7 Fresh Observations about Legal Tech from an Industry Newcomer with Experienceaderantuser
by Steve Buko, Senior Vice President and Chief Technology Officer, Aderant
You can learn a lot about your own industry by exploring technology developments in other vertical markets. At the core, every market faces similar challenges such as driving operational efficiency, using data and analytics to set better pricing, and capturing institutional knowledge for re-use.
The technology challenges the legal community faces are similar to the challenges in other markets. There are nuances that make the business of law unique, such as culture, business structure, organizational relationships and how, as a community, we go about solving business problems with technology.
That was part of the attraction for me in joining the Aderant team. While I’m fairly new to this role, I’ve had the chance to study how teams use technology to solve problems in other markets over the course of my career including telecom, big-box retail and marketing. I’d like to believe that gives me an ability to look at the problems in legal technology in new ways.
The first several months of my tenure here has been a whirlwind of information gathering – meetings and conferences with law firms, clients, prospects and my team. This has provided me with an opportunity to form several observations about the legal technology community. I thought it would be interesting and useful to share some of these here on the Think Tank.
1) Business of law leaders run in tight-knit groups.
When we get CFOs and CIOs in the same room for conferences and events, I am always surprised to see they already know each other. This doesn’t happen often, and certainly not to the same degree, in other vertical markets. It’s a strength for the legal market as it lends itself to collaboration and knowledge sharing even in a competitive market.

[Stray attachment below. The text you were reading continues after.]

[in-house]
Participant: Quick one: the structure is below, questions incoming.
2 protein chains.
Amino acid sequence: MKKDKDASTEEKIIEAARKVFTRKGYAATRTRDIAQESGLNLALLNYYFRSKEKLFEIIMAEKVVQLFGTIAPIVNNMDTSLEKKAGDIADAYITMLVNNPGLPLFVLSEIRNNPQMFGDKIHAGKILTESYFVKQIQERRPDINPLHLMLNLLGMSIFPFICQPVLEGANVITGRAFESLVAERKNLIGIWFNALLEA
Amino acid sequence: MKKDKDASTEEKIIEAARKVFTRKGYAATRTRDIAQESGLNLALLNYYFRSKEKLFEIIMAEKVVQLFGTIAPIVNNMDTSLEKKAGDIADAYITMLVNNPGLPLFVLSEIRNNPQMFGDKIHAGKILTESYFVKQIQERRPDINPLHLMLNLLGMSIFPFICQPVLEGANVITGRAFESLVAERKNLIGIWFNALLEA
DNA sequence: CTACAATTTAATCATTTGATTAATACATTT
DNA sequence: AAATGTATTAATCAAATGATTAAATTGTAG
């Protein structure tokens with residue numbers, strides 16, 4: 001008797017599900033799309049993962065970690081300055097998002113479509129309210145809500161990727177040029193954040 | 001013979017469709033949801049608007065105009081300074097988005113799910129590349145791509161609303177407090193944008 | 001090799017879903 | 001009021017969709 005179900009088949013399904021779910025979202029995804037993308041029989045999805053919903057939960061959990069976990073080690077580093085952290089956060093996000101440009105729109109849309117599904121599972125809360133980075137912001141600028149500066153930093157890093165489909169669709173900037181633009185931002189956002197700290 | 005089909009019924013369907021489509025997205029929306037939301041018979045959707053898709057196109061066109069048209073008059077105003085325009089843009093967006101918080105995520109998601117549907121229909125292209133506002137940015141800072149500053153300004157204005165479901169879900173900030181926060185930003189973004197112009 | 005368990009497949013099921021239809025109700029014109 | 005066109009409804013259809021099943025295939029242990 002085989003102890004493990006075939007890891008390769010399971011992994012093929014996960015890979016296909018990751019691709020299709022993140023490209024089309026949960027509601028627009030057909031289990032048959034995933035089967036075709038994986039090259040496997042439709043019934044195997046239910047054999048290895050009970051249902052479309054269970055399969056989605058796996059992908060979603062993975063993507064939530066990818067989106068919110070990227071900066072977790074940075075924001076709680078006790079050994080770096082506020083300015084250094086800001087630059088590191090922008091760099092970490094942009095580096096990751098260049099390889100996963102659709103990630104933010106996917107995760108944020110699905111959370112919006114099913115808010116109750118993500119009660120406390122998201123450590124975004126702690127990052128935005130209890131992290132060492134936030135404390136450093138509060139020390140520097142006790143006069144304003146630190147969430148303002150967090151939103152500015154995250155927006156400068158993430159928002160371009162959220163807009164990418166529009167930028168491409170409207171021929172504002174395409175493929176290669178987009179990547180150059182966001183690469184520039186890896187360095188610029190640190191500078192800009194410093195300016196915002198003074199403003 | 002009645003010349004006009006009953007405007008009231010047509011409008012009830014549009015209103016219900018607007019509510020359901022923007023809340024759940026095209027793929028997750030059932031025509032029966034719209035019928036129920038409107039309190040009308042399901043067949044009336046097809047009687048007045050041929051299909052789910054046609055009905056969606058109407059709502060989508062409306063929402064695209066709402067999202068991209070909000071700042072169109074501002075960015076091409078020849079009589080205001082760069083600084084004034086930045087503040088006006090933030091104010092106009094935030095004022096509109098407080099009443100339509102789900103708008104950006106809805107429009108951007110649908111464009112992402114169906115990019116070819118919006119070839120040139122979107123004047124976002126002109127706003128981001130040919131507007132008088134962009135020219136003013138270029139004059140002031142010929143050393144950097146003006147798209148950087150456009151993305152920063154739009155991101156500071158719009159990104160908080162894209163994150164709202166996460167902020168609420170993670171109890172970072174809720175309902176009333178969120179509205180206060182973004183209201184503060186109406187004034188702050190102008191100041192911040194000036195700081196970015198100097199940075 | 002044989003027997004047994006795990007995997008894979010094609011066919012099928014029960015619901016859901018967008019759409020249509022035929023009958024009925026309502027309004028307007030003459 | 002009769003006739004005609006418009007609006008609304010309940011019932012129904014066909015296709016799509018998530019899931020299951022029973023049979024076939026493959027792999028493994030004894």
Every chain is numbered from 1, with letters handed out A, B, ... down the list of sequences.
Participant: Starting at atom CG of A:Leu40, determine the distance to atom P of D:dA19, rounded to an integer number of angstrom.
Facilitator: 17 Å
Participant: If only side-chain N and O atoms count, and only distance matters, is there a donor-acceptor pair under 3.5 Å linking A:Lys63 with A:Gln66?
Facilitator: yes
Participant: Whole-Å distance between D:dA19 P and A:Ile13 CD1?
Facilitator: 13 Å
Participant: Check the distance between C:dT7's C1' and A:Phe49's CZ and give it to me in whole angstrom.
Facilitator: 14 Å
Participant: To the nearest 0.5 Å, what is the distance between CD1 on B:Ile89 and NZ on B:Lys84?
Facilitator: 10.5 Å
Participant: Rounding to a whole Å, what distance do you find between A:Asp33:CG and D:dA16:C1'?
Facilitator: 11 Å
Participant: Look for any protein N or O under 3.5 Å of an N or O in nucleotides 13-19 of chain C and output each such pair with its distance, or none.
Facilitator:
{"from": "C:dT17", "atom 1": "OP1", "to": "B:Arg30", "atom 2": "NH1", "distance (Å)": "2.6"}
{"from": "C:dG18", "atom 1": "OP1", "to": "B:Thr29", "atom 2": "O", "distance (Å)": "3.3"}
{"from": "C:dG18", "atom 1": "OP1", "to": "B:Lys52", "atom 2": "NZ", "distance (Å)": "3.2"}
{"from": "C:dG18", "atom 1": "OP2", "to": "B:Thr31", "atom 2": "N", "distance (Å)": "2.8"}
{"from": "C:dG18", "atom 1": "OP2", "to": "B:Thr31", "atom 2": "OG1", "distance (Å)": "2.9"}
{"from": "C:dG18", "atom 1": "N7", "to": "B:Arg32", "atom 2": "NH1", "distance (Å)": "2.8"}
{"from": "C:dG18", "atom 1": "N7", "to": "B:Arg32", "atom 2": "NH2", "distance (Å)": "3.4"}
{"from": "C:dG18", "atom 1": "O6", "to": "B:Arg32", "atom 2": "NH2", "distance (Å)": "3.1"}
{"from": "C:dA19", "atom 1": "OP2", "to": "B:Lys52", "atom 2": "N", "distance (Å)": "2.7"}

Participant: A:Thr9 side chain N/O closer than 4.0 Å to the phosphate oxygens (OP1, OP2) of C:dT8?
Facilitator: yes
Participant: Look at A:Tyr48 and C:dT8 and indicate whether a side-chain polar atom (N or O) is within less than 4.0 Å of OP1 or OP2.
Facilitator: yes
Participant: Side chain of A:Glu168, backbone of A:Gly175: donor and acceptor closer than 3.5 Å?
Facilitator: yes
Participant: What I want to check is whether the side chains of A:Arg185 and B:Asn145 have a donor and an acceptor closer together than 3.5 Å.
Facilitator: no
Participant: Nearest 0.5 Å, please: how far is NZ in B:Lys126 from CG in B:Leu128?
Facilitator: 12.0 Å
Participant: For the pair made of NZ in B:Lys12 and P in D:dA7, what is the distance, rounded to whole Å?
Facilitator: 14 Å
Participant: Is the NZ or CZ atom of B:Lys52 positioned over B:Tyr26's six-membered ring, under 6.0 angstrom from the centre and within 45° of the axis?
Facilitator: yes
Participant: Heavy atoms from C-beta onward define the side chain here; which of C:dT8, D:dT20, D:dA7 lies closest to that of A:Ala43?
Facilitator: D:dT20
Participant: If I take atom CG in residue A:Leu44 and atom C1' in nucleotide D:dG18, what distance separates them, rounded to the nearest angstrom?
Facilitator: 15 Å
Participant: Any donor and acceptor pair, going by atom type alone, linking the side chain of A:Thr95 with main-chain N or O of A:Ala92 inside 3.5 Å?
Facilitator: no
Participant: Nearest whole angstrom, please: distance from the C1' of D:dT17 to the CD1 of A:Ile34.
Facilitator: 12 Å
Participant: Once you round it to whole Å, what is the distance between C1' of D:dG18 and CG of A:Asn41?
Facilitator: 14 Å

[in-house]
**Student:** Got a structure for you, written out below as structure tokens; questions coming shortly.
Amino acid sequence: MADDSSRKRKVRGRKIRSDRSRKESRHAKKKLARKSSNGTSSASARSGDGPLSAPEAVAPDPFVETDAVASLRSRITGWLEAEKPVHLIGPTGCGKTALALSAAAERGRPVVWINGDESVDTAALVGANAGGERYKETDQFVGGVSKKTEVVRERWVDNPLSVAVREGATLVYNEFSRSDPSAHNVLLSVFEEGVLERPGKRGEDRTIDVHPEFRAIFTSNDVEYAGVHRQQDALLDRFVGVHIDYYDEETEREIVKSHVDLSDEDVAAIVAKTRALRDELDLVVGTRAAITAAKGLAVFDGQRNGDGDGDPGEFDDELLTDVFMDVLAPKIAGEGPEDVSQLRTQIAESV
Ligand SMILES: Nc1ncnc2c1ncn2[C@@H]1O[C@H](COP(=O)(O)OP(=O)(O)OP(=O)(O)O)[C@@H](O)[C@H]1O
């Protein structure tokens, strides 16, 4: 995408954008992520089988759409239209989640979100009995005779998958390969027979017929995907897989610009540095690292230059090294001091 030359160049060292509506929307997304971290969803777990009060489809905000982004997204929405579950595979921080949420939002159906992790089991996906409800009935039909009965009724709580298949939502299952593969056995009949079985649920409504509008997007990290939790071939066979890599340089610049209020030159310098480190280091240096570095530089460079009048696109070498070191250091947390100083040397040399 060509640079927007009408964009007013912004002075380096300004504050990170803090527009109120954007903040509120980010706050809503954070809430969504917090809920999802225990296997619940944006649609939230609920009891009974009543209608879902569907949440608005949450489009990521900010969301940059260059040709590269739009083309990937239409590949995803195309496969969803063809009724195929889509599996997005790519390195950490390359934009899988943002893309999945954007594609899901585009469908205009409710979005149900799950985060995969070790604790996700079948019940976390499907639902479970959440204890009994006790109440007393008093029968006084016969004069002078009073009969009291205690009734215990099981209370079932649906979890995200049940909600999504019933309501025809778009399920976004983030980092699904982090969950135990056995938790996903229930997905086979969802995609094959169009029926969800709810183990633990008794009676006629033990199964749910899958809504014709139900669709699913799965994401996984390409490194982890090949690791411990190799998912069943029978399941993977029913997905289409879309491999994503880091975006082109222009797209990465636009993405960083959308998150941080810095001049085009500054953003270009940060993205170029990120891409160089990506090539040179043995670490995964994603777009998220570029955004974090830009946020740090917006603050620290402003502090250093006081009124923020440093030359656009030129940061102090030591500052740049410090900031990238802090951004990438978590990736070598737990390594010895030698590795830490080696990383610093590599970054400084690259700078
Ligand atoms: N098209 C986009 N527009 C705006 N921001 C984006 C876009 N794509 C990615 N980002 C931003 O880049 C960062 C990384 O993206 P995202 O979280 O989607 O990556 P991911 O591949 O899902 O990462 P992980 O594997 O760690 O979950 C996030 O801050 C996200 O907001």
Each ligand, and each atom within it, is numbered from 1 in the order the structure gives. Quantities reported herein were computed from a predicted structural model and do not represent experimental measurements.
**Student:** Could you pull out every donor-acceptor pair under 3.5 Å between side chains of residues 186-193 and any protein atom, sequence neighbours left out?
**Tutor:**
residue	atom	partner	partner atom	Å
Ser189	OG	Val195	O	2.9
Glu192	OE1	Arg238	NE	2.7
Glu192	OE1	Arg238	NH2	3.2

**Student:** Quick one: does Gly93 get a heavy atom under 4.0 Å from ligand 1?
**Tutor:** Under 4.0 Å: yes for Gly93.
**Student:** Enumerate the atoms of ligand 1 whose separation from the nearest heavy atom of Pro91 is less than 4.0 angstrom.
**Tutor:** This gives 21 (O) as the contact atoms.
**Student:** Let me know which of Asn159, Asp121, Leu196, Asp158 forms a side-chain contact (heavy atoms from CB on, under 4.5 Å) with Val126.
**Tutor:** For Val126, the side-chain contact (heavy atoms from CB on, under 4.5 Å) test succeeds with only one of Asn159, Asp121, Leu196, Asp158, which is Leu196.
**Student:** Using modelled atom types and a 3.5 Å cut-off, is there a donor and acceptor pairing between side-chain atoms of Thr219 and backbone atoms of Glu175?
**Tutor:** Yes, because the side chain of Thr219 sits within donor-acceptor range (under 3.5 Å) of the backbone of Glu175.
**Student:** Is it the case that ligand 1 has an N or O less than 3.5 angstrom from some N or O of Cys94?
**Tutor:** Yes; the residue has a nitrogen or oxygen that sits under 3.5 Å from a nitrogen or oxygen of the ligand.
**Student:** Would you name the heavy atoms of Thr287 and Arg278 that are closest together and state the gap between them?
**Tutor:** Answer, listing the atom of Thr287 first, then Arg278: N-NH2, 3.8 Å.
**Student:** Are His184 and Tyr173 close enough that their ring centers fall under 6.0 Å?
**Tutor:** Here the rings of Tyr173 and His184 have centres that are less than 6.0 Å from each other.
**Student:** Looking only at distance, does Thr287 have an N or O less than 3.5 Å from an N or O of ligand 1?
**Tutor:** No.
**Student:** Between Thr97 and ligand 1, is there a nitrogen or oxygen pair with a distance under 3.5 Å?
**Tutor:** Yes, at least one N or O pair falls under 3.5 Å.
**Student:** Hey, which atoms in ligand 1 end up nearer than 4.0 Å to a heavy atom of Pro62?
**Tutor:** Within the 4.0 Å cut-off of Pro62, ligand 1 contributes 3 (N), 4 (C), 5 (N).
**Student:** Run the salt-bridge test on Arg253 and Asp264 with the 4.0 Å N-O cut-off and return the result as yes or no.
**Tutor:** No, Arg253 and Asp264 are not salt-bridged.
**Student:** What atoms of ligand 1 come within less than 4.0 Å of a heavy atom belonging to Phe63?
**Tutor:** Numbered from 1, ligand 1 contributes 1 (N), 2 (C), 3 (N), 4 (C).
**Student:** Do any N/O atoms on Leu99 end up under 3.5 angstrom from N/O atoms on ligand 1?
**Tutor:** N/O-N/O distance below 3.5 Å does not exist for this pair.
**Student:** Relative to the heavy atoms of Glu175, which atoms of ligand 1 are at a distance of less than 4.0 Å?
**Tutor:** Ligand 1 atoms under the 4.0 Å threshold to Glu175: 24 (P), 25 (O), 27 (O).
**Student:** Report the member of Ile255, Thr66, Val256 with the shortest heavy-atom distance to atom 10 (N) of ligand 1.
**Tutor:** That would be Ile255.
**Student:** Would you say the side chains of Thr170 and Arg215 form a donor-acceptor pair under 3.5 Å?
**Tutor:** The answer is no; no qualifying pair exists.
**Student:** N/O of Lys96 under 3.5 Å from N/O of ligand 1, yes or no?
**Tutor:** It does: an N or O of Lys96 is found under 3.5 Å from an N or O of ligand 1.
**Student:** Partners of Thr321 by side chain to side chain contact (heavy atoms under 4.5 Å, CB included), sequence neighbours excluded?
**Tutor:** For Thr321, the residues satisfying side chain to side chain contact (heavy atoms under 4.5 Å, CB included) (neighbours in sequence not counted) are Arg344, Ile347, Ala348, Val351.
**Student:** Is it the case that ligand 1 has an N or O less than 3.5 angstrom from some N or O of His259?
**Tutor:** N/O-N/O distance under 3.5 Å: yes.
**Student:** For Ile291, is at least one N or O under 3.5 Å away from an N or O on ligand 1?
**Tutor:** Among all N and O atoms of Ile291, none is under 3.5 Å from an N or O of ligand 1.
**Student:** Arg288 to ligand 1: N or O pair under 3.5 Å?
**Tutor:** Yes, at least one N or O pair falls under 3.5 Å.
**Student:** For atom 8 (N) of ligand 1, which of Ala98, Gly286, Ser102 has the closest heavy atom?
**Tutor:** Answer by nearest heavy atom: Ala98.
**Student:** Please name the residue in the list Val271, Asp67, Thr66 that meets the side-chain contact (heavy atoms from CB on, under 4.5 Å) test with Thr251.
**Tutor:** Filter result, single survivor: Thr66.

2) The relationship between CFOs and CIOs makes a difference.
Acquisition of a new practice and financial management software impacts the entire firm, not just the finance and IT teams. That’s why some law firm CFOs are more involved in the technology decision-making process, working together with CIOs to make these big impact decisions. In my observation, the relationship CFOs have with CIOs in law firms tends to fall into one of three categories:
The first category is where the CFO is really driving IT. They chose the products based on their requirements and the CIO is tasked with managing it. In some cases, the CIO is tasked with integrating several systems the CFO acquired, without fully understanding the technical challenges or business strategies that are associated. In this scenario, IT is functioning purely in an operations role. In this model IT will tend to be behind, and the firm will struggle to get ahead.
In the second category the CIO is making highly technical business decisions in a vacuum and rolling out business critical functionality to the firm. In some instances, the CFO or finance leader has not been an integral part of the decision-making process resulting in a technology rollout that does not provide the business value needed by the firm.
The third category has the CIO and CFO working as peers. In these instances, the CIO is a strategic partner to the CFO and manages the vetting process and selection of technologies that solve business problems. From my perspective, the latter group is in a much better position to both facilitate successful implementations and help law firms leverage technology for strategic advantage.
3) Embracing change can be the biggest “technical” law firm challenge.
The biggest technical challenge in many law firms isn’t technical at all – it’s human nature. It seems to me, the status quo thinking is a lot more like apathy. The resistance to change is a disinterest in anything that requires us to modify our behavior, even when that change is for the better.